The Cleveland Indians Have Changed Their Name, Here's Where Other Teams Stand With Names

Cleveland's professional baseball team announced on Friday that it is changing its name to the Guardians following controversy surrounding the name Indians, prompting questions regarding possible name changes for other professional sports teams.

In 2018, the Indians removed the Chief Wahoo logo from its uniforms. In December 2020, they announced that they would be selecting a new name that had no ties to Native Americans.

The announcement by Cleveland's MLB team followed a similar decision made by the NFL's Washington Football Team, which abandoned the name Redskins following years of controversy surrounding its ties to Native American culture.

In addition to Cleveland's MLB team, several other professional sports franchises have names that are Native American-based that some feel are offensive and racist. These teams include the Atlanta Braves, Kansas City Chiefs and Chicago Blackhawks.

Despite the decision by the Guardians on Friday, the Braves, Chiefs and Blackhawks have all previously said that they do not have any plans to alter their names.

After the Washington Football Team said they would review their former name and mascot, a spokesperson for the Braves told Newsweek on July 3, 2020 that the team "honors, supports, and values the Native American community. That will never change."

"The Atlanta Braves relationship with the Native American community goes back many years and over the past several months, we have created an even stronger bond with various Native American tribes, both regionally and nationally, on matters related to the Braves and Native American cultures," the spokesperson wrote in a July 2020 statement to Newsweek.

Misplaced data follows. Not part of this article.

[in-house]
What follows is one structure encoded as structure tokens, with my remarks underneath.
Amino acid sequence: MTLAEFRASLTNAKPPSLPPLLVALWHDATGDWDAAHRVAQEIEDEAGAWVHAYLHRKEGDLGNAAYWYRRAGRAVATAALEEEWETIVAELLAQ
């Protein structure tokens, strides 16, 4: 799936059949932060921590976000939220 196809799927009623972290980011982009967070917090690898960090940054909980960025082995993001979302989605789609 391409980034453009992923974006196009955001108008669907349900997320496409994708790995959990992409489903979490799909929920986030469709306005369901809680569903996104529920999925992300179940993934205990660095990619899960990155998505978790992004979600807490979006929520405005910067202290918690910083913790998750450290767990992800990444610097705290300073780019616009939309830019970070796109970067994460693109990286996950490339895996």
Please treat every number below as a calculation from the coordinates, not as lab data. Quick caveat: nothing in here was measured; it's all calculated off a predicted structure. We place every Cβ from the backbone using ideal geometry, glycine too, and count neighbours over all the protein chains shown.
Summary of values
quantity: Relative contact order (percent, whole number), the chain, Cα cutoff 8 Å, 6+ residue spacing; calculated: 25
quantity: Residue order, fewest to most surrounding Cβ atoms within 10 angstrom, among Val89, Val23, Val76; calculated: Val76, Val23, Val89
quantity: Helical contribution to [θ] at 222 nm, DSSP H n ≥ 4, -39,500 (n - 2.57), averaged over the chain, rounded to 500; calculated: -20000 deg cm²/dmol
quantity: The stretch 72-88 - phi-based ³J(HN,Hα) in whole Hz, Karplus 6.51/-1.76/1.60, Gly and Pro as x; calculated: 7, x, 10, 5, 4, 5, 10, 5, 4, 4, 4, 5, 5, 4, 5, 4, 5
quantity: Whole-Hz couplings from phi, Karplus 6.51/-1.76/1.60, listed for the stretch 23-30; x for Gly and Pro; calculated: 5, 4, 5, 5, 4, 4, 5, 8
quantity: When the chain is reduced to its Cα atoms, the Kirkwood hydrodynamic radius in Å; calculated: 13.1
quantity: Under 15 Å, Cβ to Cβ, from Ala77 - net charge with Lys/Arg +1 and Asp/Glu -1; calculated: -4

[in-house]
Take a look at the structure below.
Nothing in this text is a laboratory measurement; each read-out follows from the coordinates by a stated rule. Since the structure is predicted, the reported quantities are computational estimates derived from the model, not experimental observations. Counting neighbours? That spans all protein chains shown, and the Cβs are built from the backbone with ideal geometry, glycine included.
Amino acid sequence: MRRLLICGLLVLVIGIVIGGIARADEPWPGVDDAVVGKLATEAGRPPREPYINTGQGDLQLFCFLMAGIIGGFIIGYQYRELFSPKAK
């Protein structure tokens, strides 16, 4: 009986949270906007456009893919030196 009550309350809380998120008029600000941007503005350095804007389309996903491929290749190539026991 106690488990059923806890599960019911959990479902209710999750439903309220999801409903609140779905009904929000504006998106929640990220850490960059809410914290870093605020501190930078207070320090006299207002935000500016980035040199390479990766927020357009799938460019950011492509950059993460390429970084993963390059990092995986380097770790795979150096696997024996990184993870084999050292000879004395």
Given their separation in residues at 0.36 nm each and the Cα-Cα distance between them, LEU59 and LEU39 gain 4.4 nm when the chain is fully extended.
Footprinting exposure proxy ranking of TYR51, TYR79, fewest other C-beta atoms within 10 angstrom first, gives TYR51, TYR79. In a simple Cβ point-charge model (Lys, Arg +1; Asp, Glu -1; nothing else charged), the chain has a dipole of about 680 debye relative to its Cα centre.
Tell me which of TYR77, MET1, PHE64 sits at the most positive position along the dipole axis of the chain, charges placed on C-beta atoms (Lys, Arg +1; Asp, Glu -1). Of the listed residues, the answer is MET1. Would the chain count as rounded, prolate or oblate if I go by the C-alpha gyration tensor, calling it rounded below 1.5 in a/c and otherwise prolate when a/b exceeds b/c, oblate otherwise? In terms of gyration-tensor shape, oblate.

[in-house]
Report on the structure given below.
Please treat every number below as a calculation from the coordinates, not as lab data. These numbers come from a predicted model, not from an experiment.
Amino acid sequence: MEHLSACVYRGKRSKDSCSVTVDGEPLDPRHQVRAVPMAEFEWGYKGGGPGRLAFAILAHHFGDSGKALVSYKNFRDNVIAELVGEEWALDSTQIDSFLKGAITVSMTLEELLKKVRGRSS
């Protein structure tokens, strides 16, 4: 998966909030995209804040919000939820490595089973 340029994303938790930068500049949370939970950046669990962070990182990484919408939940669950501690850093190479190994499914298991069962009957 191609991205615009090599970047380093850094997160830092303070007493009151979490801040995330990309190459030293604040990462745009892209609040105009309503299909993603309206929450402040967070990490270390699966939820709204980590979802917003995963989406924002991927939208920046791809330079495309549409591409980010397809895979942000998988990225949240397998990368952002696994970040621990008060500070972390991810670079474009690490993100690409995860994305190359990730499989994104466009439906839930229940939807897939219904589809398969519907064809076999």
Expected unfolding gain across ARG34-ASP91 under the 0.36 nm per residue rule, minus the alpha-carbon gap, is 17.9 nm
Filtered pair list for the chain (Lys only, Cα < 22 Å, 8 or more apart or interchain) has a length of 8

On July 13, 2020, the Associated Press obtained a letter the Braves sent to season ticket holders stating that the team had no plans to alter its name.

"We will always be the Atlanta Braves," the letter said according to the AP. "Through our conversations, changing the name of the Braves is not under consideration or deemed necessary."

A month later, the Chiefs banned fans from wearing headdresses that appropriate Native American cultures at games. The team also announced that it was prohibiting fans from wearing face paint "that is styled in a way that references or appropriates American Indian cultures and traditions."

Additionally, the Chiefs noted in a statement that they will conduct a review of the team's celebratory Arrowhead Chop but did not indicate any plans to change the name.

During an interview with the Kansas City Star in 2020, Chiefs President Mark Donovan said that the team sees its name as a "very different" situation when compared to the Washington Football Team.

"There's a lot of true equity value in the traditions and the name and the history of the Kansas City Chiefs. That's extremely valuable not only from an economic standpoint, but with the tradition of this team," Donovan told the Kansas City Star.

The NHL's Blackhawks have also said that they have no plans to consider a name change as their name honors a specific Native American leader.

"The Chicago Blackhawks name and logo symbolizes an important and historic person, Black Hawk of Illinois' Sac & Fox Nation, whose leadership and life has inspired generations of Native Americans, veterans and the public," the Blackhawks said in a July 2020 statement.

"We recognize there is a fine line between respect and disrespect, and we commend other teams for their willingness to engage in that conversation. Moving forward, we are committed to raising the bar even higher to expand awareness of Black Hawk and the important contributions of all Native American people."

Newsweek reached out to the Braves, Blackhawks and Chiefs for an updated comment on the possibility of a name change but did not receive responses in time for publication.

Cleveland's MLB Team Announces Name Change
The decision by Cleveland's MLB team to change its name to the Guardians has prompted questions about possible name changes for other professional sports franchises. Jason Miller/Getty